In high school, we’re taught that there’s only one right answer to any question. Our entire education system — some might say our entire political system — hangs on the premise that an answer is either right or wrong.
- Something either is or isn’t.
- Something either happened or didn’t.
- Something’s either possible or isn’t.
We need everything to be right, so we try to find the one right way to do it. It’s one of the reasons why we come to conferences. We want to know the right, best way to work with responsive images. We want to know whether Flexbox is what we should be using. We want to discover the best process for designing or developing a website in this modern, responsive era. We want to create systems that make the outcome of design predictable. But:
- What if there is no right way to work with responsive images?
- What if Flexbox is useful, sometimes?
- What if there is no best process for responsive design?
- What if systems hinder the creative process?
Samantha Warren wrote about style tiles on A List Apart back in 2012:
“Style tiles are the cornerstone of a solid design system that sets client expectations and communicates the visual theme to all the project team members. Designing a system rather than site pages gives your team the tools to create a living, breathing website.”
I’ve been writing about how to avoid setting the wrong expectations for a few years. In particular, I’ve written about how the processes, tools and artefacts that we’ve inappropriately brought with us from historical media to the Web can hinder communication and reinforce the wrong expectations.
Since the earliest days of the Web, designers have been using graphics tools — such as Photoshop, then Fireworks and lately Sketch — to create full-page visuals that are intended to demonstrate how a website will look when it reaches a browser. Designers will often create visuals of dozens of templates or pages. These comps (or PSDs or flat static visuals or high-fidelity design artefacts) not only are used for experimentation and creative expression, but actually become the currency of Web design. Designers exchange them with clients for approval and then for money. Clients and designers exchange them with developers to be used as blueprints for the content, design and functionality of a website, then, finally, as QA tools. But despite their popularity and longevity, they’re terribly ill-suited to all of those roles.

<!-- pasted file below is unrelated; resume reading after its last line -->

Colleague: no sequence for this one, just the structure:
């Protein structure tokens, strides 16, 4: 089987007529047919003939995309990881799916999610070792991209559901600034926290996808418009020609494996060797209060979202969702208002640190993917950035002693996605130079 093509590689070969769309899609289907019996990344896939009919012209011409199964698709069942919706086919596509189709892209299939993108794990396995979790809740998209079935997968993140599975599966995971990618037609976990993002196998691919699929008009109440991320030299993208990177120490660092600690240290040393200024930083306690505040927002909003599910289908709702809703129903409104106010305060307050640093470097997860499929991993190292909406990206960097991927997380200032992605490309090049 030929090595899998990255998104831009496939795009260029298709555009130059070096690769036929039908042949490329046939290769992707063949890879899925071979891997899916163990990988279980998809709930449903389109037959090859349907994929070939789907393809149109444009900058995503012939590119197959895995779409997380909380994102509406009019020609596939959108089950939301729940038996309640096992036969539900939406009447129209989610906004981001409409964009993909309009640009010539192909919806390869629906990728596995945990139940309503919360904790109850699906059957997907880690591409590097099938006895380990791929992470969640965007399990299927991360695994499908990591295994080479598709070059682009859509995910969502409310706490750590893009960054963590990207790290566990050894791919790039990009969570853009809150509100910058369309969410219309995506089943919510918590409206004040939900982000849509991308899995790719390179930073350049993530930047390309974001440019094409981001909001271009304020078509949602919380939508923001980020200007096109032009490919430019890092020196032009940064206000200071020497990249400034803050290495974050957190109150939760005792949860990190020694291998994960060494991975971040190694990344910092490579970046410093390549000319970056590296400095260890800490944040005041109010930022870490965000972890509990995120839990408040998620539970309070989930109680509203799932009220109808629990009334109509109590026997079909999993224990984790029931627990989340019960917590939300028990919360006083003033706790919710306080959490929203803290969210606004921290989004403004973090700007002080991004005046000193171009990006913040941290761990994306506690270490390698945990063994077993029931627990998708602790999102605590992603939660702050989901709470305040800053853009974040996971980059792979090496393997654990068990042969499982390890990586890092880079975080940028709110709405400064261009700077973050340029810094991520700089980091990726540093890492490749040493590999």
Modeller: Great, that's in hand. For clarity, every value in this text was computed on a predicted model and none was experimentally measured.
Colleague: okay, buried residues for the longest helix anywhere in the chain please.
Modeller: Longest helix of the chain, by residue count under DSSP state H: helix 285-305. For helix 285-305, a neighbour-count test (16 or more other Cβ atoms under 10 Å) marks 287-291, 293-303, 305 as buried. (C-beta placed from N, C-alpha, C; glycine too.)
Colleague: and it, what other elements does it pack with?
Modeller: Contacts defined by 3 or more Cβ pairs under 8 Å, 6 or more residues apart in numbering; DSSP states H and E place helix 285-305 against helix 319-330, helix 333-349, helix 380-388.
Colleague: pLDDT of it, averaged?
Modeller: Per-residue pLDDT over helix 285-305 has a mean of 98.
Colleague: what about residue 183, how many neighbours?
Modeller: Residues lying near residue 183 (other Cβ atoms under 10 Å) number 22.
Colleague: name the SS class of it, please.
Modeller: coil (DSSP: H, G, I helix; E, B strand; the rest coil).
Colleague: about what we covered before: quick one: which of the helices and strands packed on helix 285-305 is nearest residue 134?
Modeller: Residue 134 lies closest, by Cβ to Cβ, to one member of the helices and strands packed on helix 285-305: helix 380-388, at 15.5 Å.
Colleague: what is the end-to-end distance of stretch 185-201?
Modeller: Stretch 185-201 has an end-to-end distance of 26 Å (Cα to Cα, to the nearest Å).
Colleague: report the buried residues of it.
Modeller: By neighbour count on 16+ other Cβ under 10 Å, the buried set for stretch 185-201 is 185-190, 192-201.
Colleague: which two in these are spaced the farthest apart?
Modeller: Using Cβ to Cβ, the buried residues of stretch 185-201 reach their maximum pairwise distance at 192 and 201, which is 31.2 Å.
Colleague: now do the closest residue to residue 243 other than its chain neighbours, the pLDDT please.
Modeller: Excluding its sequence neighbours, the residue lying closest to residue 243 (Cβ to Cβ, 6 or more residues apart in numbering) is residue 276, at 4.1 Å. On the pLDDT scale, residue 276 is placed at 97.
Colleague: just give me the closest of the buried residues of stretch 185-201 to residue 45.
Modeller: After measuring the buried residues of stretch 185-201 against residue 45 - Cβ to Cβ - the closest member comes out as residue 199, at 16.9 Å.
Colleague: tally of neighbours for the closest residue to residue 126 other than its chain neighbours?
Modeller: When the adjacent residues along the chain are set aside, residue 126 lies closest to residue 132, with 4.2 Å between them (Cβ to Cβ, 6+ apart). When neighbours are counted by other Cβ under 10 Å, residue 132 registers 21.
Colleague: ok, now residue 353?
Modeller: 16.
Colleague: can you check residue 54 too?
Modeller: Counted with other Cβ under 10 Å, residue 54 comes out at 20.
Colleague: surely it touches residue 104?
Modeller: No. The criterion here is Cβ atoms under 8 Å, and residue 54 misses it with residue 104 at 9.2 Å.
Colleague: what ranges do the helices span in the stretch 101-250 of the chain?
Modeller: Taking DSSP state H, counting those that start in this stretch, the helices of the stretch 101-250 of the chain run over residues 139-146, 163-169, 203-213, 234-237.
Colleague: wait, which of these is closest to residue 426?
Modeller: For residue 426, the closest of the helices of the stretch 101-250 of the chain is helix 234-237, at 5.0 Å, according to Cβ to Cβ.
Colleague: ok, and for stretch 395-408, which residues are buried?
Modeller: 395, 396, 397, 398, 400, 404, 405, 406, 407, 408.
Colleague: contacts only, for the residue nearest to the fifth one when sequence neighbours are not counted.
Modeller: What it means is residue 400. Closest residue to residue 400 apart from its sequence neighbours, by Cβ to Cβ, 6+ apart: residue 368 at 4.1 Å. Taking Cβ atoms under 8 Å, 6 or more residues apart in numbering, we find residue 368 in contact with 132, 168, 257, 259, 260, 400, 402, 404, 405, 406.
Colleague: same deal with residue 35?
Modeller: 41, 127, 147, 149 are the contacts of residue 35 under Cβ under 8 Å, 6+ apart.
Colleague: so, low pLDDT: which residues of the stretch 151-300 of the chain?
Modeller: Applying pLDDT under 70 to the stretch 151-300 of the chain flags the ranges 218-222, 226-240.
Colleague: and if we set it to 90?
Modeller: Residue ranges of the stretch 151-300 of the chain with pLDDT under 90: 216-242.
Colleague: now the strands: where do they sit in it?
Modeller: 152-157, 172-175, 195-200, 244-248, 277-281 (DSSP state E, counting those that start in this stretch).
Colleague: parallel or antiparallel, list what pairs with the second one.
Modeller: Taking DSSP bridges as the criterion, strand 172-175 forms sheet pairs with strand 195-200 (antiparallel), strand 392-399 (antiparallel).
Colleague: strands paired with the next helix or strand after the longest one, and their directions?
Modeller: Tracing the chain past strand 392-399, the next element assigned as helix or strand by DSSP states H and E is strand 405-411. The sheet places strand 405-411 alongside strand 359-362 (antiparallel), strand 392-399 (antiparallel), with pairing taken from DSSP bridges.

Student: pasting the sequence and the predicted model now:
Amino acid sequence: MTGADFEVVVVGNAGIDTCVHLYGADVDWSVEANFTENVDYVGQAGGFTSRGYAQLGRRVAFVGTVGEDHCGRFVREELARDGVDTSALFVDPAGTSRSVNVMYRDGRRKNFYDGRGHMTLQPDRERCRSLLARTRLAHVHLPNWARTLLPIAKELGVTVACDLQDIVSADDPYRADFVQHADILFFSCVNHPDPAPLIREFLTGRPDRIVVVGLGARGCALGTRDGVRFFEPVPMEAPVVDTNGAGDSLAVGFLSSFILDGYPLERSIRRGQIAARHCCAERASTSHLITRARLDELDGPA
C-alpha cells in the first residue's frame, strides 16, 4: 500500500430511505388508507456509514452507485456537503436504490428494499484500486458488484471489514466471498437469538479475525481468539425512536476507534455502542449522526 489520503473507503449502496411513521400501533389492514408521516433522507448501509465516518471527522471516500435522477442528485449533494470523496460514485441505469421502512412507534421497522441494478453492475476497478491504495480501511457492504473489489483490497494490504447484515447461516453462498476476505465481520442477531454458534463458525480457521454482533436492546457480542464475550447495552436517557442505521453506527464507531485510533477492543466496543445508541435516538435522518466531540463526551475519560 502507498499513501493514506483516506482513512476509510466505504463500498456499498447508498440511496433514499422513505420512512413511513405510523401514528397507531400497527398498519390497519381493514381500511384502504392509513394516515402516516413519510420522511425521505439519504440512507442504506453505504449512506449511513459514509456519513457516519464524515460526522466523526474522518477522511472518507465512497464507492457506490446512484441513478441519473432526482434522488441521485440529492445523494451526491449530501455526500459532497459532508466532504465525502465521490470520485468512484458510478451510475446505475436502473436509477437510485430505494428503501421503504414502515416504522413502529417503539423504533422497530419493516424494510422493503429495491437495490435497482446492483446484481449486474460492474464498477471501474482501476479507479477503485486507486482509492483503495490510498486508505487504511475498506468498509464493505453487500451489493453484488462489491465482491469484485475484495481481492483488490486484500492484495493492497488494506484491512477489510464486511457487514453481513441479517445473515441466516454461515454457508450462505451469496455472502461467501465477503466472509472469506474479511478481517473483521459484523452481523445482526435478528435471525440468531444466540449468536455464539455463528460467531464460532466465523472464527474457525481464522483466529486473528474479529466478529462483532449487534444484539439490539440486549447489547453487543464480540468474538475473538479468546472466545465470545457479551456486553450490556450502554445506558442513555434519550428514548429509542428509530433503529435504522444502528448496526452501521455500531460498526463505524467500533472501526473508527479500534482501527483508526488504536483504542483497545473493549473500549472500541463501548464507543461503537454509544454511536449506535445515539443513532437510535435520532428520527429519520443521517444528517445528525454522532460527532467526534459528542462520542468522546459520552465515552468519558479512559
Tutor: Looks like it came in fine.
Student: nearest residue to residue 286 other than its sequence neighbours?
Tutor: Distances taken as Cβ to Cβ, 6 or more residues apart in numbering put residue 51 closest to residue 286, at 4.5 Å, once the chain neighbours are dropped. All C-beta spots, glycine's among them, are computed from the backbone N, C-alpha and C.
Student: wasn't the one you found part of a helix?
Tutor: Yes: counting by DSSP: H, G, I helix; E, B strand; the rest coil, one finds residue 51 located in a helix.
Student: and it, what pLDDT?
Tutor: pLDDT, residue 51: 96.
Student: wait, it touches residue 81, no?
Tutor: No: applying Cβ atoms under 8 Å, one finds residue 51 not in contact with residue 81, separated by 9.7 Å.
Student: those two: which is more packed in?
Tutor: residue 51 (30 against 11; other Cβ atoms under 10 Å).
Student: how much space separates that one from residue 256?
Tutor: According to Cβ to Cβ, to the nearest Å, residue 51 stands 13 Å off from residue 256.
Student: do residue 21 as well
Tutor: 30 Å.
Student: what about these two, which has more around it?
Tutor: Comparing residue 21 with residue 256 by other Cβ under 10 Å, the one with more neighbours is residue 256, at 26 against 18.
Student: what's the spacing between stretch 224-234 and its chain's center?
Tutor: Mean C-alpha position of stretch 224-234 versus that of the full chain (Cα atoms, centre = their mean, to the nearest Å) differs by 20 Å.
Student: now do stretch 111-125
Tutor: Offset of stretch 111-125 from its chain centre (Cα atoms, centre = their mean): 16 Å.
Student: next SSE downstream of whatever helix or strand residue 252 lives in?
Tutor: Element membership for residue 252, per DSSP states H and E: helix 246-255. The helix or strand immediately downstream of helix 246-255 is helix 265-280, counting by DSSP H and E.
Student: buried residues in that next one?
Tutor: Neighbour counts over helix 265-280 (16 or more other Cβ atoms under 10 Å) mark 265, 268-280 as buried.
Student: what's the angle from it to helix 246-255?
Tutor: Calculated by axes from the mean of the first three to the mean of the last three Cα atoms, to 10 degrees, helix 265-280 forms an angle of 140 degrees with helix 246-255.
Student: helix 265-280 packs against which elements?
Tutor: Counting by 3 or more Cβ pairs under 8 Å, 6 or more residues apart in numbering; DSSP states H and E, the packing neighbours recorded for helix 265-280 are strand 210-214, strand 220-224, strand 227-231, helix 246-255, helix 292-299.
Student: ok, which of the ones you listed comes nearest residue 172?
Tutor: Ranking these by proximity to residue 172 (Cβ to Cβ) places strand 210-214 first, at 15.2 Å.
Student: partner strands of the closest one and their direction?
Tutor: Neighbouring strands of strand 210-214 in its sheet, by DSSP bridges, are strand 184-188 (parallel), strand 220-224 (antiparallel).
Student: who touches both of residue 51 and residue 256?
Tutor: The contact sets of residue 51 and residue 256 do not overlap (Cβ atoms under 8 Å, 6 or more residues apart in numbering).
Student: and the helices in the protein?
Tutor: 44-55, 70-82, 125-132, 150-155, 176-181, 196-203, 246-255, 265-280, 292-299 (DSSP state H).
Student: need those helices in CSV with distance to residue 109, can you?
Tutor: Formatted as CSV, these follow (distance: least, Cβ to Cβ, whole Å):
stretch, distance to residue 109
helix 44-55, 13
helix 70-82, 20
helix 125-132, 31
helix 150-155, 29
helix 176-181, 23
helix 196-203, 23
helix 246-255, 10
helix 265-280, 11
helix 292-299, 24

Using these static visuals is “bringing a knife to a gun fight.” They can only communicate something that’s superficial, artificial. They’re high-fructose, extra sweet, but even though of little nutritional value, people love them and so want more and more. We designers have largely learned to live with all of the deficiencies of static visuals, and we compensate for them with our familiarity with the tools that we use to make them.
Worse than any deficiency is the frequent absence of communication when we hand a visual to someone and ask them to judge it. Instead of using visuals as aids to communication, we let the visuals speak for us. This happens especially when we email them or upload them to Basecamp, along with some vague request for “thoughts.”
When we hide behind design artefacts in this way, we leave a tremendous amount open to misinterpretation and, because of that, are far more likely to set the wrong expectations. Type rendering will look different on a real device. Fonts won’t be exactly that size on all devices. The layout will be different at various viewport widths.
So, what are our goals when showing a static visual to someone, usually a client? Once we’re past the feedback stages, we’re likely looking for sign-off on a design. We need that approval either to conclude our business or to confirm that a design is ready to move to another phase. Of course, we’re not really asking them to judge the visual at all, are we? In reality, we’re asking them to look beyond the visual and to judge what they extrapolate will be the look of the finished Web page. In effect, what we’re saying is, “Here is a better than artist’s impression.”
For their judgement to be at all meaningful, we therefore need to make the visual to be of the highest fidelity. Ideally, we’d like it to look identical to a screenshot of the finished page. When we’re asking for sign-off, we’re implying that the finished Web page will ultimately be a facsimile of this visual, a carbon copy, a clone. And if that’s not what we’re saying, then what’s the point of asking someone to approve it at all?
Have you ever wondered — responsive websites aside — why so many Web pages are fixed width and centered in the viewport? Do you think it has anything to do with the fact that clients sign off on fixed-width visuals. I’d say one’s a direct result of the other. I’d go further and suggest that asking for approval on visuals should be considered harmful, because we’re reinforcing that outdated notion that a Web page should be a facsimile of a frozen image.